Monday, January 26, 2015

Rock Those Booties

My mother and stepfather, appalled to see me barefoot in their 80-degree fully-carpeted house, immediately found me a pair of these, the one constant and bane of my childhood and still haunting  me in adulthood, whenever I visit and even when I don't, because they surface too in my mother's scary Christmas packages: knitted house slippers. Sometimes they're crocheted. Doesn't matter; they're all psychotically handmade by old women using synthetic and non-absorbent yarn in hideous colors, are terribly slippery to wear on smooth surfaces, never fit, and are ugly as sin. (Why the decorative ties?) They are meant to warm the feet. They prove only that it's true that feet sweat at a rate of a quart a day. And that the wearer never expects to have sex ever again.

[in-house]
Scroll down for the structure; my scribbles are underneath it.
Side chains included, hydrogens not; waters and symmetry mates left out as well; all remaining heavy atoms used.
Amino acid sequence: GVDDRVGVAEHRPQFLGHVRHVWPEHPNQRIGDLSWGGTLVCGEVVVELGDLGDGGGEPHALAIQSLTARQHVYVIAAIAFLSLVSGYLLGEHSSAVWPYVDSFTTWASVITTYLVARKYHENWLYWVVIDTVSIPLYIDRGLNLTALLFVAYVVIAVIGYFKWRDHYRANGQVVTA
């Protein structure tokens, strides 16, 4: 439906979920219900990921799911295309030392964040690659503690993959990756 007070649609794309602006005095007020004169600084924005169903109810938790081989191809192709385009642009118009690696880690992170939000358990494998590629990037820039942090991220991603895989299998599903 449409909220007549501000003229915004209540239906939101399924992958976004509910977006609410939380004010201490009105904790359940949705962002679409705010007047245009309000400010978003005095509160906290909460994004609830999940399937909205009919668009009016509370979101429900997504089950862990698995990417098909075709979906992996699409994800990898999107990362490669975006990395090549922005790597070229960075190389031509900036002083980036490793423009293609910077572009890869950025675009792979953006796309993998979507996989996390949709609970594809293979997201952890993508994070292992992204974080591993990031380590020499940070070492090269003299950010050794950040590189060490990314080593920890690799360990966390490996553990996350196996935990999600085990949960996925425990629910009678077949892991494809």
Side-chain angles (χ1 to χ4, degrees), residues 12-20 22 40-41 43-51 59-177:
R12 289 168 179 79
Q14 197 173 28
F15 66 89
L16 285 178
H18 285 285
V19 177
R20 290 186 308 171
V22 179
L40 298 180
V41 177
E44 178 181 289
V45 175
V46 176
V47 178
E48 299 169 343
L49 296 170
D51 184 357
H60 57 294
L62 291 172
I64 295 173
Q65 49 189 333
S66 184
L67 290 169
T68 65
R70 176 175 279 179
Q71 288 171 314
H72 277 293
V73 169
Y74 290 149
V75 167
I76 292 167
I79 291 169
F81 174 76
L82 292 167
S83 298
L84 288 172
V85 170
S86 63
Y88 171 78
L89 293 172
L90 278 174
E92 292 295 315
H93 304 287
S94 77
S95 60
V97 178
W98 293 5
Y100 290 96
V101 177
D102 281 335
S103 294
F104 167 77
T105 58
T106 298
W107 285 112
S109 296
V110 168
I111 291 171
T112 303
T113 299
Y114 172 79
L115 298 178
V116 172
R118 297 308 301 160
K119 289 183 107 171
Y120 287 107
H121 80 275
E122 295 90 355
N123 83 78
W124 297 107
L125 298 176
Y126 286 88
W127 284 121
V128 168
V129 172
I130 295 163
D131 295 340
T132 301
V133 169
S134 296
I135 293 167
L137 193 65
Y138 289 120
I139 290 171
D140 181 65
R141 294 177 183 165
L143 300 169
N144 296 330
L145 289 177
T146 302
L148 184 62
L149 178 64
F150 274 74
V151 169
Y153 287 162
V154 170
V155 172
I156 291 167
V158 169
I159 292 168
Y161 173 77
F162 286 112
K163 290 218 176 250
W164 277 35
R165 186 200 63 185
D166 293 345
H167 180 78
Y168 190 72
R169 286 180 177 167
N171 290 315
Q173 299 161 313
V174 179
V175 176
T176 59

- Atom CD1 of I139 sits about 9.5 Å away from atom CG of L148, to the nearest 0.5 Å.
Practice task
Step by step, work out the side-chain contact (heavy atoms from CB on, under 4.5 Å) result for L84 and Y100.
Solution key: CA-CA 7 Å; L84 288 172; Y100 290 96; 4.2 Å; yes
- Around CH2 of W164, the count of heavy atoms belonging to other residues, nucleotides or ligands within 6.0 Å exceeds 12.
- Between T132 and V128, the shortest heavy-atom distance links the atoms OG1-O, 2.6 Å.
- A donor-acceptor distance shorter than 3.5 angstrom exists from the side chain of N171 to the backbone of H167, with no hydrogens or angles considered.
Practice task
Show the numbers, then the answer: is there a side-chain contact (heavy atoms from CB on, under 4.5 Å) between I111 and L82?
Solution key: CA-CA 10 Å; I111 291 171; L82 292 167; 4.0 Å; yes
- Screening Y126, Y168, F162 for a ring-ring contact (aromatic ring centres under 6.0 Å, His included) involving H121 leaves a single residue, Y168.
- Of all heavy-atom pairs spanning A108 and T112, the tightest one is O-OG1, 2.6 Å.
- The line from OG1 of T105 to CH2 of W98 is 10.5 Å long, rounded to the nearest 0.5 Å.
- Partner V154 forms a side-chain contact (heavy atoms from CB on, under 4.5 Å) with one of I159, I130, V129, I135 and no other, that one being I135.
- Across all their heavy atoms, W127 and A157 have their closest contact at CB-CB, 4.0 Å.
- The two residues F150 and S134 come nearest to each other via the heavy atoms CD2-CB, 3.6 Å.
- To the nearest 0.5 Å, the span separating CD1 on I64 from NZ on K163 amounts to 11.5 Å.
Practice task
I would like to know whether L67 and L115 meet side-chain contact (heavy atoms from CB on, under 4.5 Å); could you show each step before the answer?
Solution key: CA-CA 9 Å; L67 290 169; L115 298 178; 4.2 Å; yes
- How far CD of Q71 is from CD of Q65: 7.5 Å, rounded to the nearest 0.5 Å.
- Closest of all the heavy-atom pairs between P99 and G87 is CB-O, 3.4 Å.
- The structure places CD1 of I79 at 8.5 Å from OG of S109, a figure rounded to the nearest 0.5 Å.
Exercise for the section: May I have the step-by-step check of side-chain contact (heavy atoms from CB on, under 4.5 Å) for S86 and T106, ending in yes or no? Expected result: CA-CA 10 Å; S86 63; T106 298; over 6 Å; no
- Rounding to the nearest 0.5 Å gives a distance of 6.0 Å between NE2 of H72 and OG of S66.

These slippers go back, historically, to the rural and pre-sidewalk admonition "Take off your shoes at the door," but I also associate them with central and southern European immigrants and Americans from the Depression era, who were practical, poor, had skills now obsolete, and to whom "barefoot" signified not only poverty but a lack of class. I had formal knitting lessons when I was 10, at a Sears store to which I was sent by bus. I never got the knack of knitting, although forced to knit an hour a day so as to justify my mother's investment in my skill set. Thus I do know that this pair, modeled by myself (in my giraffe-print pajamas), are knitted (in stockinette stitch) rather than crocheted. I think. See you in the nursing home.

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